I teamed up with fabulous authors Stacy Reid, Lily Maxton, and Nicola Davidson for this wonderful Regency novella anthology centered around a Midsummer Night’s Ball.
AND THEN THE MOON by Ally Broadfield
After unexpectedly inheriting a viscountcy, Duncan Newfield must join society. He seems to be the only one not enjoying the Midsummer Night’s Ball – until he discovers Lady Madalene Parish hiding in the garden. Her father, Lord Gilmanton, has ordered her to accept a marriage proposal, any marriage proposal, by the end of the season. A bargain is struck and they enter into a fake engagement, but once they realize they might be perfect for one another, unexpected complications arise that may prevent them from having a future together.
Lady Willow Arlington, hauntingly lovely, is also blind and known by the ton as the dowry-less daughter. Alasdair Morley, the Marquess of Westcliffe, is in need of an heiress, and Lady Willow should be the last person he craves because she was persuaded to reject his offer of marriage when he was a mere third son. Passion reignites between them, and he makes an enticing offer she cannot resist, drawing them into a dance of lust and love despite the misgivings in his heart.
MIDNIGHT WISH by Lily Maxton
Heiress Jane Cartwright wants a suitor who likes her instead of her dowry. Her parents want a titled son-in-law. When a stranger falls out of a tree and lands at her feet at the Midsummer Ball, she’s intrigued with this charmingly awkward, science-minded man. She thinks her deepest wish has been answered when she finds out he’s titled. But Jane learns that wishes can be fickle, and her whirlwind romance might just be too good to be true…
ONCE UPON A PROMISE by Nicola Davidson
Long abandoned by her aristocratic soldier husband, Emma Montclair craves a formal separation. To forget the man who pulled her into his glittering, stifling world, introduced her to sizzling passion, then broke her heart.
Home at last, Major Caleb Montclair offers the wife he never stopped loving a counter-bargain: Grant him the six weeks until Midsummer Night to win her back. But even as old tenderness rekindles, lost time and shocking secrets threaten their second chance…
Enjoy an excerpt from And Then the Moon:
Biting back a grin, he said, “How is your ankle?”
“A bit tender, perhaps, but I shall persevere.”
“Nonsense.” Before he could think too much about it, he swept her up into his arms and carried her down the staircase into the gardens.
“You must put me down at once. I’m much too large to carry. You’ll injure yourself.”
“Nonsense. You are tall, but not at all heavy.” In fact, the delicate bones of her shoulder blades protruded against his arm. He carried her away from the house, searching for a place where he could check her injury without fear of being caught alone with her.
“Shouldn’t you be carrying me toward the house rather than away from it?”
“Where’s the fun in that?” He stalled, hoping to delay the inevitable moment when she demanded he return her to the ballroom, the place where neither of them seemed to want to be.
“Very well. Were you planning to introduce yourself before you kill me then?”
He tripped and nearly tossed her to the ground. “I beg your pardon.”
“Are you not taking me into the woods to kill me? It would almost be a relief.”
She was a very strange girl. He turned into the secluded alcove he had abandoned not long ago and set her gently atop a bench.
“May I?” he asked, tilting his head toward her foot.
“It’s quite inappropriate for me to allow you to see my ankle. Then again, I should never have been alone on the balcony. Or have allowed you to carry me. Go ahead.” She waved her hand in acquiescence.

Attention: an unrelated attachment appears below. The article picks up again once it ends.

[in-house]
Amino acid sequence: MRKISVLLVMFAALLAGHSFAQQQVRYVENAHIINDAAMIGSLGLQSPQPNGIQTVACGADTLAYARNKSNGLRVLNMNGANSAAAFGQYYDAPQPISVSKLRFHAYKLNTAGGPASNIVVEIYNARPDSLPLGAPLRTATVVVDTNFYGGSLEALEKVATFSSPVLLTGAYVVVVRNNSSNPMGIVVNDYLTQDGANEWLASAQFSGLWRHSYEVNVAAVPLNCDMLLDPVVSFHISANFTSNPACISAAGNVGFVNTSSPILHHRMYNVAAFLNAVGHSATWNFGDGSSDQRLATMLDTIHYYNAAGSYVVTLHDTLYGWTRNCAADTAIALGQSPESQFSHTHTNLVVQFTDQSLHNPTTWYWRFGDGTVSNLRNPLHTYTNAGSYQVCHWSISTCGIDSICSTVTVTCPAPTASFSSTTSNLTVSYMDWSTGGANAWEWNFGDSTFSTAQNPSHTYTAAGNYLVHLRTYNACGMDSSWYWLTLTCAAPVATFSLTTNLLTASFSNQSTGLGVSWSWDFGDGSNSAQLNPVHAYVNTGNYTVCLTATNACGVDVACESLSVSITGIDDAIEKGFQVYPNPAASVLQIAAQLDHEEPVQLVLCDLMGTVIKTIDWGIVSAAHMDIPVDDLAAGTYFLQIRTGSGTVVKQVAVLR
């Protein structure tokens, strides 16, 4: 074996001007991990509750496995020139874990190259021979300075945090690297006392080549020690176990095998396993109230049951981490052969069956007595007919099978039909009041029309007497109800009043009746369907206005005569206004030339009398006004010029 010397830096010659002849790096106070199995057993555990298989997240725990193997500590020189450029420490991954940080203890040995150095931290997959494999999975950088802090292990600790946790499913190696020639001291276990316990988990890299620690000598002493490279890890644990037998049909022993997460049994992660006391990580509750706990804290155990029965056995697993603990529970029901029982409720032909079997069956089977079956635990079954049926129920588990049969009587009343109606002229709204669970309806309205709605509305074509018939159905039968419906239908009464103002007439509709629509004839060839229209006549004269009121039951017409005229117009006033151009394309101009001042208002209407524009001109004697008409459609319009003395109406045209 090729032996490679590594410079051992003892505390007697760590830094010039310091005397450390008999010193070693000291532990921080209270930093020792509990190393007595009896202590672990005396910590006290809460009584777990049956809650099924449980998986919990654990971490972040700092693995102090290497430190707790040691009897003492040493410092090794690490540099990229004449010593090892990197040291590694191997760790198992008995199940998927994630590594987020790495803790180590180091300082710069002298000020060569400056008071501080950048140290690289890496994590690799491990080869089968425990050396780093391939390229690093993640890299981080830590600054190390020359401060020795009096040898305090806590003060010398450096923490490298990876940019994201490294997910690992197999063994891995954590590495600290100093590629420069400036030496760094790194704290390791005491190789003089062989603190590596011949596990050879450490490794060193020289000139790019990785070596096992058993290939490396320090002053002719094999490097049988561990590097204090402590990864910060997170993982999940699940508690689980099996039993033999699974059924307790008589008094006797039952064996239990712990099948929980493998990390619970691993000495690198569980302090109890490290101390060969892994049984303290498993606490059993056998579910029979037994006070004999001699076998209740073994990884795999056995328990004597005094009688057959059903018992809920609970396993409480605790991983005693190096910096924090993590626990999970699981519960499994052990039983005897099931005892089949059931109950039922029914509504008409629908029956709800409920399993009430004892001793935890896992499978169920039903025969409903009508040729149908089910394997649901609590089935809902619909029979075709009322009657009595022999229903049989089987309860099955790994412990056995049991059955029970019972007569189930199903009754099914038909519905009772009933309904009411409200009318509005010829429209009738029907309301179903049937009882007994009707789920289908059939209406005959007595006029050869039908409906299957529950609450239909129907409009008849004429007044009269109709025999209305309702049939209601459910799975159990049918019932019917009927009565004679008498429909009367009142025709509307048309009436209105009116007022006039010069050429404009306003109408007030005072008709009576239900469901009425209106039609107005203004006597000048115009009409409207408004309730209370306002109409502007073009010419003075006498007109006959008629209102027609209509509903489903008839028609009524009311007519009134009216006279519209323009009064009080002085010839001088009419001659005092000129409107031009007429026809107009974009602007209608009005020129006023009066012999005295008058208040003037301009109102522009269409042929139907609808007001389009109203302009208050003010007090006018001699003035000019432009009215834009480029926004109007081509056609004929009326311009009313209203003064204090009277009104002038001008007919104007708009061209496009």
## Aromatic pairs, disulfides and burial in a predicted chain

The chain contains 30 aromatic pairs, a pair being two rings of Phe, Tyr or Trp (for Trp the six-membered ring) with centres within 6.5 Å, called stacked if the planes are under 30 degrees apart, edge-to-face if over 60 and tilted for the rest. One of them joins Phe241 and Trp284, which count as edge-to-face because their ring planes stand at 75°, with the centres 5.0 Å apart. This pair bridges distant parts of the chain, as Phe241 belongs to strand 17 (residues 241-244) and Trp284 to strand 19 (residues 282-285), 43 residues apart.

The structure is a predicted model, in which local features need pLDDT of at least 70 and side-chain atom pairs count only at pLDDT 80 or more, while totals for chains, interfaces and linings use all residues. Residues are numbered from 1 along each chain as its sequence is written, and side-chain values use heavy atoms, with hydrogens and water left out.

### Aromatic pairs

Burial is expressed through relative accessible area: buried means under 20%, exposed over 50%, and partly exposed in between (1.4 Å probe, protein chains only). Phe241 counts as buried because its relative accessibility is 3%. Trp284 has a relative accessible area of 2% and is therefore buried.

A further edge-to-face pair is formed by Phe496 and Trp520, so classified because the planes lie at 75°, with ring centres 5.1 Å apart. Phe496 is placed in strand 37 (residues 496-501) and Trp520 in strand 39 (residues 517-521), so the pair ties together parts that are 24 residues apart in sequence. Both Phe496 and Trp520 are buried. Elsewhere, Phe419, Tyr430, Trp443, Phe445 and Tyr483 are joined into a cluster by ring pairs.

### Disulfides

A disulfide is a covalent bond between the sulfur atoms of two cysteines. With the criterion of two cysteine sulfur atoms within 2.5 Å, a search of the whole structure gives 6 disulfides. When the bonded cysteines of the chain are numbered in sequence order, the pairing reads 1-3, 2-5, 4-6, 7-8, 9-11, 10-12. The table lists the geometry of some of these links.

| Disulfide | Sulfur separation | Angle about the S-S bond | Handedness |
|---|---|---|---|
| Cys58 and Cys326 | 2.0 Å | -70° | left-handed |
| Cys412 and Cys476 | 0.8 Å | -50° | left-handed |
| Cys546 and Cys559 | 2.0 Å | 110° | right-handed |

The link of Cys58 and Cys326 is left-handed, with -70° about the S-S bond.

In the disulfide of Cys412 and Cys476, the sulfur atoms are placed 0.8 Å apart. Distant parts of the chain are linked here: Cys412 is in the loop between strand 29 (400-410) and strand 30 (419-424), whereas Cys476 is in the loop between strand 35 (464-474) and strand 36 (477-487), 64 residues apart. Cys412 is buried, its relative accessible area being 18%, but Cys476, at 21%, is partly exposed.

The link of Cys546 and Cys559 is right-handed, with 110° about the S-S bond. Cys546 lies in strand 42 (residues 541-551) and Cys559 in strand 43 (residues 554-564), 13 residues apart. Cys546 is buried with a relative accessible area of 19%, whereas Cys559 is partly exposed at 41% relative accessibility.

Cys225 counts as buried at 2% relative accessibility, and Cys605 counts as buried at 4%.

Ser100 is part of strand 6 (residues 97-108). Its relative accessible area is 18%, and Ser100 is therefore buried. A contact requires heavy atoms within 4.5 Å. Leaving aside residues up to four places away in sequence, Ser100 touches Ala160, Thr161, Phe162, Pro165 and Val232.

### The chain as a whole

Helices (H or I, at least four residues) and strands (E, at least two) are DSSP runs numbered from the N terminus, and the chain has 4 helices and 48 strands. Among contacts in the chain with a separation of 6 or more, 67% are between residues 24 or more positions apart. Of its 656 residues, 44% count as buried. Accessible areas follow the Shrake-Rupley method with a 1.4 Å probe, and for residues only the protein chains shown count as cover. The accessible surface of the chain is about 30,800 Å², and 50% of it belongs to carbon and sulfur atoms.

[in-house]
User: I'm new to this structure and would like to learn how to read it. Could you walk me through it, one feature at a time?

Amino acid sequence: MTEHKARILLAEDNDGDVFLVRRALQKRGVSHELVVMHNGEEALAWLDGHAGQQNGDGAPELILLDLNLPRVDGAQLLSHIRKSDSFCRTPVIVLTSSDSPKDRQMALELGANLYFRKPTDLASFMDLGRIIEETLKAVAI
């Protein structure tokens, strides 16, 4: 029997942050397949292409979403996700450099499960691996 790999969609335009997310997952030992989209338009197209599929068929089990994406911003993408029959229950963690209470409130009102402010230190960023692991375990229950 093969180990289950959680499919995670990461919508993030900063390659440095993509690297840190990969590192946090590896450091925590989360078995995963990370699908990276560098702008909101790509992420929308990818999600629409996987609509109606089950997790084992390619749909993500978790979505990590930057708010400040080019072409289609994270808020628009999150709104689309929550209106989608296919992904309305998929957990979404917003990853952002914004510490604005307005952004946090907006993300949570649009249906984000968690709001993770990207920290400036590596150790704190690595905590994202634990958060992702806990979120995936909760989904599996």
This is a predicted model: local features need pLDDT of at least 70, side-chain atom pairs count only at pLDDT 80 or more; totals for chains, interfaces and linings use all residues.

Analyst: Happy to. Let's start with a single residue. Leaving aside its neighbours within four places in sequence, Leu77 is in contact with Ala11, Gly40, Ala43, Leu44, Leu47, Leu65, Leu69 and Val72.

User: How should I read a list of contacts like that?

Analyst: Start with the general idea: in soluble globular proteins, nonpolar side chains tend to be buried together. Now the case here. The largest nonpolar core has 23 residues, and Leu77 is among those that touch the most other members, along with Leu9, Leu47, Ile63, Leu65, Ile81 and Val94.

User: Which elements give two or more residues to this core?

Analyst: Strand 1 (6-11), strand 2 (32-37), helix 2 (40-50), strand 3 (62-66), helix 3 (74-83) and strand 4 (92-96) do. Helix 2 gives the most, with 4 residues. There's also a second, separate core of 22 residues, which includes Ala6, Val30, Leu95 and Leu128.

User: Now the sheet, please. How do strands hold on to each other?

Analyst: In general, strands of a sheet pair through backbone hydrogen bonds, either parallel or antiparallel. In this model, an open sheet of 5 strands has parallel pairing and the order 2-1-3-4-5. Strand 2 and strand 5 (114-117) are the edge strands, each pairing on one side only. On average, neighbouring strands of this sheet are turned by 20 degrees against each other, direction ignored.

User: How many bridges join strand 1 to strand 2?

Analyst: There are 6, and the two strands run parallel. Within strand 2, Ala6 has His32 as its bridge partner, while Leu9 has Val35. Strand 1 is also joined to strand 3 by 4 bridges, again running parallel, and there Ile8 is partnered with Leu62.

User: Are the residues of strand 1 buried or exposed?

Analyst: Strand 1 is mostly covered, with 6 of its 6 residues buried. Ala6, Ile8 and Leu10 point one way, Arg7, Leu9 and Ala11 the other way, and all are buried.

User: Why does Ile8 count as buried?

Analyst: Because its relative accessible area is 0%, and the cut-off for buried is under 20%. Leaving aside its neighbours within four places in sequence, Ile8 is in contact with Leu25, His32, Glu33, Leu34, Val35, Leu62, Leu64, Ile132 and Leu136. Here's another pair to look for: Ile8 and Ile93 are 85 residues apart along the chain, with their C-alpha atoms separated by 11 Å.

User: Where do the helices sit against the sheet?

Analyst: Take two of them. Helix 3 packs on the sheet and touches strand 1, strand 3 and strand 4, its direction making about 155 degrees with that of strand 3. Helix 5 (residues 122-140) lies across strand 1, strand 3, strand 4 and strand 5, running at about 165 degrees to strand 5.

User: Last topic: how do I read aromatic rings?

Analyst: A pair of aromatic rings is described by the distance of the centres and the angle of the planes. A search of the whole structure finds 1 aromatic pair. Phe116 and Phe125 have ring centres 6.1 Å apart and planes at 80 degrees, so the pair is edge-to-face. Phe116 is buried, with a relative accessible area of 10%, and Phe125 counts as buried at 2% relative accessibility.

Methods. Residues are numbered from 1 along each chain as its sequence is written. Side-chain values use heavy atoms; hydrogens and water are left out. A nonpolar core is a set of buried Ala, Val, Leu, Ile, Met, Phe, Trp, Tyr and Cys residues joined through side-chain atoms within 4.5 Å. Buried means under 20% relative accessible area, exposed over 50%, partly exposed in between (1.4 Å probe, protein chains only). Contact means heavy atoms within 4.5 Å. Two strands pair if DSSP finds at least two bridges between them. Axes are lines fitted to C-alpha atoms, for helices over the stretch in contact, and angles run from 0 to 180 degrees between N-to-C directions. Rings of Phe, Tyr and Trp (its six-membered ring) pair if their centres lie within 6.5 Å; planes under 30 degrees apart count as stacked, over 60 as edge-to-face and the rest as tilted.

She was quite correct, of course, but nevertheless, he knelt next to her and slipped off her shoe. He ran his hands over her ankle, which did not appear to be swollen or unduly tender. “What makes you think I’m going to kill you?”
“Why else would you bring me out here instead of taking me back to the ballroom?”
He slid the slipper back onto her foot, allowing his fingers to linger at her finely turned ankle. “I can think of quite a few reasons, all of them more scintillating than murdering you.” Clearly she was an innocent if her first thought wasn’t debauchery. More pity, that.
“Which are?” she asked.
“You did hint that you were hiding from someone. Or something.”
She turned away. “Yes, I suppose I did.”
There was such sadness in her voice. “There are many other possibilities.”
He removed his hand from her ankle and stood, then pulled her up against him. “Such as this.” He leaned close, testing her, assuming she would retreat, but instead, her lips parted and a soft sigh escaped. Fire sparked within him and without thinking overmuch, he pressed his lips to hers. Not wanting to frighten her, he kept the kiss chaste, with barely a sweep of his tongue across her lower lip before he pulled back.
She blinked a few times and swallowed. “Oh.”
He raised his brows and waited for her to continue.
“That’s what you meant by scintillate.”
“Exactly.” Her face was precisely the right shade of just-been-kissed that made him want to kiss her all over again. Instead, he decided on a more appropriate activity for a ball.
“If your ankle is not too tender, would you care to dance, my lady?”
“I suppose so.” She frowned.
That wasn’t quite the response he had hoped for. “I don’t wish to force you. Perhaps we should head back to the ballroom.”
“But that’s just it. I’d rather not go back to the ballroom yet.”
Now understanding the source of her reluctance, he held his hand out to her. “It’s not necessary to go back to the ballroom to dance. Shall we?”
Her nose crinkled in a most diverting manner, then she placed her hand in his. “How will we dance without music?”
“If you listen carefully, you can just hear the notes of a waltz drifting along in the breeze.” He pulled her close once again, thinking he might easily become addicted to holding her, and swung her into the dance.